Munich Syndrome was, and is, David B. Roundsley.
Music become an overriding interest and passion early on.
At one point in time, being a fan wasn’t enough. The desire to create took hold.
A light came on with the first flush of electronic pioneers (Gary Numan, Kraftwerk, OMD, Soft Cell, Human League). A fully realized song or sound could now be made by one or two people and some synths. The need to organize a full band was no longer necessary. You didn’t need a band? This was revolutionary. A seed was planted.
Equally a fan of the artists creating brave new works, the producers and engineers behind the mixing boards held equal fascination: Trevor Horn, Martin Rushent, Mike Thorne, Daniel Miller, Giorgio Moroder, Stephen Hague, Stephen Lipson and many more. Learning both sides of the mixing board became the dual goals.
The first synthesizer was acquired (A Korg Poly-6). After exploring its many features shortly thereafter a second synth (Sequential Circuits Six-Track) and a drum machine (Sequential Circuits Drumtraks) was added . Along with this came a small Yamaha mixing board. Very quickly experiments started to coalesce into songs. A Tascam Porta-Studio followed.
Some very focused synthpop tunes followed, along with some trippy experiments and sound collages. At this point, everything was being played and recorded in real-time. The one component that was missing was a voice. Several people drifted in and out, but no one really clicked, and the experiments continued. At this point sequencing was explored with the aid of an Atari-ST. By the end of the 80’s, the studio setup wasn’t clicking, and Munich Syndrome was deactivated.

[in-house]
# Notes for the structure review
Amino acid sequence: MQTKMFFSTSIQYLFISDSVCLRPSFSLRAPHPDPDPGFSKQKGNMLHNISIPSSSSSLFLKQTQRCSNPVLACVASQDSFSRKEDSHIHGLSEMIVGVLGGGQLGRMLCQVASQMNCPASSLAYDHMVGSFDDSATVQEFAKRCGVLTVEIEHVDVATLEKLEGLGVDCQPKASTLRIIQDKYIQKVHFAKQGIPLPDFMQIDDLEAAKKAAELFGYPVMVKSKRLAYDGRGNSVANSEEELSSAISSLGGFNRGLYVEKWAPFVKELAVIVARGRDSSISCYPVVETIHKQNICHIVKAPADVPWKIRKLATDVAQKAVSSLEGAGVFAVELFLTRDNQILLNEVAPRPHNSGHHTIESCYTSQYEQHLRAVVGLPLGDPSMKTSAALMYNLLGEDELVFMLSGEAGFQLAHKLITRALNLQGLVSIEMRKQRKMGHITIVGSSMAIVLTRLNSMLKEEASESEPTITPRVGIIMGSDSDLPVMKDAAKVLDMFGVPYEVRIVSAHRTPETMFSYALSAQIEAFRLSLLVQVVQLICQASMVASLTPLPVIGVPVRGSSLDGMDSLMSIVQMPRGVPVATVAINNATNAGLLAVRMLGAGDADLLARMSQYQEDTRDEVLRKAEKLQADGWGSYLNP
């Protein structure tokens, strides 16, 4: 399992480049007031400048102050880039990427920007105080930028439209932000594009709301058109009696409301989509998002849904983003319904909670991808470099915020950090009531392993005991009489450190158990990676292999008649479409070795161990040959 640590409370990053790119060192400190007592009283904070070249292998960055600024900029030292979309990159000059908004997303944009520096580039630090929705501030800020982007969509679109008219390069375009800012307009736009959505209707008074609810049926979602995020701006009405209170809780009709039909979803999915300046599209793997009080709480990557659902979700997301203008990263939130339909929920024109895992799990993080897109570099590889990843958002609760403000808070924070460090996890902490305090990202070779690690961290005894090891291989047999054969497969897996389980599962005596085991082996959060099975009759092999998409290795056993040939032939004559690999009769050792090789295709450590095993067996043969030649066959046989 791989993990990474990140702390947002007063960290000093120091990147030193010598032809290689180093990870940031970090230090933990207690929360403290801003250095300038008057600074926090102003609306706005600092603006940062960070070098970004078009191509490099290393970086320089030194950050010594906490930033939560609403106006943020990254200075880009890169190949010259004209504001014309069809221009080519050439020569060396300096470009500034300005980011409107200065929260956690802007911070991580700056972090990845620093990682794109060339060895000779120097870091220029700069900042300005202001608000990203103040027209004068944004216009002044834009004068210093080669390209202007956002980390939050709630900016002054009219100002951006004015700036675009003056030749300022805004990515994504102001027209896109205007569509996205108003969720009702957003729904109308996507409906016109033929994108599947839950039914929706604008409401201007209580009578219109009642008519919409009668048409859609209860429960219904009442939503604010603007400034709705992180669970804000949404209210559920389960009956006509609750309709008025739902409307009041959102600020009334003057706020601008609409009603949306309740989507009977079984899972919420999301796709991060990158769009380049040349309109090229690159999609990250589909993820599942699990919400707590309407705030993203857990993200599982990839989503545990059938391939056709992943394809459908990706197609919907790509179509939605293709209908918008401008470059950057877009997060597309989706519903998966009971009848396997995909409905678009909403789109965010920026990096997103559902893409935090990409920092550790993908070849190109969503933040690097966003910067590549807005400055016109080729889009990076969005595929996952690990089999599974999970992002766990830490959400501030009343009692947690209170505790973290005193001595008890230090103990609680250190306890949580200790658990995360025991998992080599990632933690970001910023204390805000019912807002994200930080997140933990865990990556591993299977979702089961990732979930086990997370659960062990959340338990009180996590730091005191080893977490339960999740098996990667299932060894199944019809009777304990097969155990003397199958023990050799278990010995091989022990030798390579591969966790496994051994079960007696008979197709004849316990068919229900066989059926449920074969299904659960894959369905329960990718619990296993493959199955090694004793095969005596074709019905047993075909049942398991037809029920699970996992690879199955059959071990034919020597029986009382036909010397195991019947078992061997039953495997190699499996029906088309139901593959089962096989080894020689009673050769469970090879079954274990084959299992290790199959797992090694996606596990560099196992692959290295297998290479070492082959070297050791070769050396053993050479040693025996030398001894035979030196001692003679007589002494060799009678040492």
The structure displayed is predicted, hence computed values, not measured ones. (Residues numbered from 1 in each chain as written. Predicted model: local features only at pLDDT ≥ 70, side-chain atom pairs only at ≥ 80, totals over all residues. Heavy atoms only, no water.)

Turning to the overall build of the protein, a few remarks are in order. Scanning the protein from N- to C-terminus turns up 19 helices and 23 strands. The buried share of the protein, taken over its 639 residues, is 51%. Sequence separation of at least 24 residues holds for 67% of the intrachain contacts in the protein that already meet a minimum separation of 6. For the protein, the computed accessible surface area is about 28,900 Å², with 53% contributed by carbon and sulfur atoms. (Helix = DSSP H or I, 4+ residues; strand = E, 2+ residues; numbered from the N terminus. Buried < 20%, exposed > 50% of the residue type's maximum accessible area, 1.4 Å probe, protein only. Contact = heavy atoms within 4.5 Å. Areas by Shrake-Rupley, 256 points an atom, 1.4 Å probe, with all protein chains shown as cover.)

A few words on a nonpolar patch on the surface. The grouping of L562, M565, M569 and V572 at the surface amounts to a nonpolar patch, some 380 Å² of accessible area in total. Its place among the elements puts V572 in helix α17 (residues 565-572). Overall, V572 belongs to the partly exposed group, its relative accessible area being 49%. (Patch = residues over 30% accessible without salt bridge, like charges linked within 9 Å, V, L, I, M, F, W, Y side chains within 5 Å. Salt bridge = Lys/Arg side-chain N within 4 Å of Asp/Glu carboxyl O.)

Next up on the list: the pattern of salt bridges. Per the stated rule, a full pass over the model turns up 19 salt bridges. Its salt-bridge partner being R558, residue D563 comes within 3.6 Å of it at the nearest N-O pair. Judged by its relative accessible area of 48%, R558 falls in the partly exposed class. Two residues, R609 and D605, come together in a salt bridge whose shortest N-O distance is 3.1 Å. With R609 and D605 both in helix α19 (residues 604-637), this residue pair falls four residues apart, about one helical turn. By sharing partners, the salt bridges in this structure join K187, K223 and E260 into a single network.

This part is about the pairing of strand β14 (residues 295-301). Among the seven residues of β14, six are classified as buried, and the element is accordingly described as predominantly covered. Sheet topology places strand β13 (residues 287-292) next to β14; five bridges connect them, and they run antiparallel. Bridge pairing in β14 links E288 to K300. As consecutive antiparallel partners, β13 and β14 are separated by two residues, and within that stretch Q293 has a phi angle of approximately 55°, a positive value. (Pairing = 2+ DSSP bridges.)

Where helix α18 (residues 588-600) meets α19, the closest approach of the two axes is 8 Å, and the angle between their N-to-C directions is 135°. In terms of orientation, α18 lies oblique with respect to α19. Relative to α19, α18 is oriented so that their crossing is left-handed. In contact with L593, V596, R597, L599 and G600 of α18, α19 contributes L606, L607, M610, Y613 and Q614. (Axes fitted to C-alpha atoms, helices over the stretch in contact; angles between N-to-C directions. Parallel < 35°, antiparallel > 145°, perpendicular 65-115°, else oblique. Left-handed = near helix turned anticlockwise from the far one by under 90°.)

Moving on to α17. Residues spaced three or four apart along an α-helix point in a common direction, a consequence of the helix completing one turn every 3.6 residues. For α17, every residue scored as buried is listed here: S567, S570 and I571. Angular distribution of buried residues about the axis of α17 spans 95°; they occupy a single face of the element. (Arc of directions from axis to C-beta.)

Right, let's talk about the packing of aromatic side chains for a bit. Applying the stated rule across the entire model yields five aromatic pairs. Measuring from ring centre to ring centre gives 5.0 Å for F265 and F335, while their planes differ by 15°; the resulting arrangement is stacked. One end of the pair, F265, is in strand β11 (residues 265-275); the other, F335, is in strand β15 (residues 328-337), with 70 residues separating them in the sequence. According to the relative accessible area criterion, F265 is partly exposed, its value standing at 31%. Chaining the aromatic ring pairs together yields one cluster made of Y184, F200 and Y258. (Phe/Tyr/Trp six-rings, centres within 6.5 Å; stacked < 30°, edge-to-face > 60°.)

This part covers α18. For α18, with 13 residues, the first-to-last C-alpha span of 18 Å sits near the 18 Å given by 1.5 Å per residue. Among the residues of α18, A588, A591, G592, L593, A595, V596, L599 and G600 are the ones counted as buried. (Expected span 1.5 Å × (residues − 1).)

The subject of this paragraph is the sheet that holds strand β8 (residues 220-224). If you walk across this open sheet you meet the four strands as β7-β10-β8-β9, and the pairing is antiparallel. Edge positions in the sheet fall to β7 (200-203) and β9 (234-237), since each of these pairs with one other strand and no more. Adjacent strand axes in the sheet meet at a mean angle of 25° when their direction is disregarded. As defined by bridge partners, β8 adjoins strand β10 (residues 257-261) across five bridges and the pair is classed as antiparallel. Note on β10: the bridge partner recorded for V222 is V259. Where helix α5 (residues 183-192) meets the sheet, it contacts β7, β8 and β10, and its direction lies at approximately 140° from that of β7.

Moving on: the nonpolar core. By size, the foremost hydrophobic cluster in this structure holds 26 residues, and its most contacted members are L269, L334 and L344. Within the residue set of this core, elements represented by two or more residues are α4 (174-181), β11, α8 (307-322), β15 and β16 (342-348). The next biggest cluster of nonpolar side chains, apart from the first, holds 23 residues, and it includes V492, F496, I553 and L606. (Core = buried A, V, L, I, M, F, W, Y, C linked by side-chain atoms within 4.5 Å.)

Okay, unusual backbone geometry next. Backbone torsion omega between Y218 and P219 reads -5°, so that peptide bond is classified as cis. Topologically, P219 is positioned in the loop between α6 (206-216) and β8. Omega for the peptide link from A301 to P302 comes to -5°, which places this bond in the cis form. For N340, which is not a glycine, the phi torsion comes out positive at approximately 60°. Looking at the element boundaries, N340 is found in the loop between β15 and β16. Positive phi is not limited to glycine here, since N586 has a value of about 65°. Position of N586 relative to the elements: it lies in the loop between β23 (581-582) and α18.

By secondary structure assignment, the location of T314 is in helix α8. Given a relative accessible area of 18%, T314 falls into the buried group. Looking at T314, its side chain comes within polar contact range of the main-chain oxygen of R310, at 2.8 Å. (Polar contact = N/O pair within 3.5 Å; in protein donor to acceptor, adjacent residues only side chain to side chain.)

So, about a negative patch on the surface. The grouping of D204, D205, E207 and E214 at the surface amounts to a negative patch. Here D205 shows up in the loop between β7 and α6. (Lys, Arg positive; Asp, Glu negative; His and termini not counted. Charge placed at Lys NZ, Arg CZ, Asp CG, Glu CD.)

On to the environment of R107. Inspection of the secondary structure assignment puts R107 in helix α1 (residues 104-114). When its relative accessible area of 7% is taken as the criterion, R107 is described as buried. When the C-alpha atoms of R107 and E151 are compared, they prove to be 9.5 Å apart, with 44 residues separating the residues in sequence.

Throughout the 90’s some friends and associates would ask for help on their various projects, and a few collaborations were started, but none completed. There was however a new wave of electro in the form of electro-clash that reawakened the interest to reactivate Munich Syndrome. After a successful stint as a creative director at various e-commerce companies, a new studio set up was undertaken and Munich Syndrome began again in earnest.
The first efforts were bare-boned synth pop. But again, a vocal element was missing. At this time a new element was discovered, the use of a vocoder. Intrigued by the mix of pure electronics and the human voice, it was sparingly introduced. At the time of the first songs being readied for release the opportunity to do some soundtrack work for some short films was presented. The bulk of these tracks were more downtempo, dreamy and atmospheric. These songs made up the bulk of the debut album, Sensual Ambience. To not lose sight of the initial style of Munich Syndrome, a 4-track Electro EP was included at the end of the album.
Holding out hope of finding the right fit for a vocal element, and perhaps even becoming a synthpop duo (again, Soft Cell, or Erasure, or the Pet Shop Boys), by the time sessions for the next fully electronic album started, the vocoder became more front-and-center. Still harkening back to the earlier sounds of the vocoder, more time, experimentation and research stared into blending and mixing the human voice, the vocoder, and other forms of processing.
Over the course of 8 albums and one Best Of, a lot of attention and research was put into the use of the human voice, vocoders and processing options. The last album, Electro Pop 2, features full vocals on all the main album tracks, as well as four of the five bonus tracks.
There are currently 2, possibly 3 albums in development with more than 60 demos in various stages of completion. Stay tuned…
The first 8 Munich syndrome albums are available in HDCD Audio! Check them out today!
All 9 of Munich Syndrome’s albums are available on all major streaming services: Spotify, Apple Music, Google, Amazon and many more…
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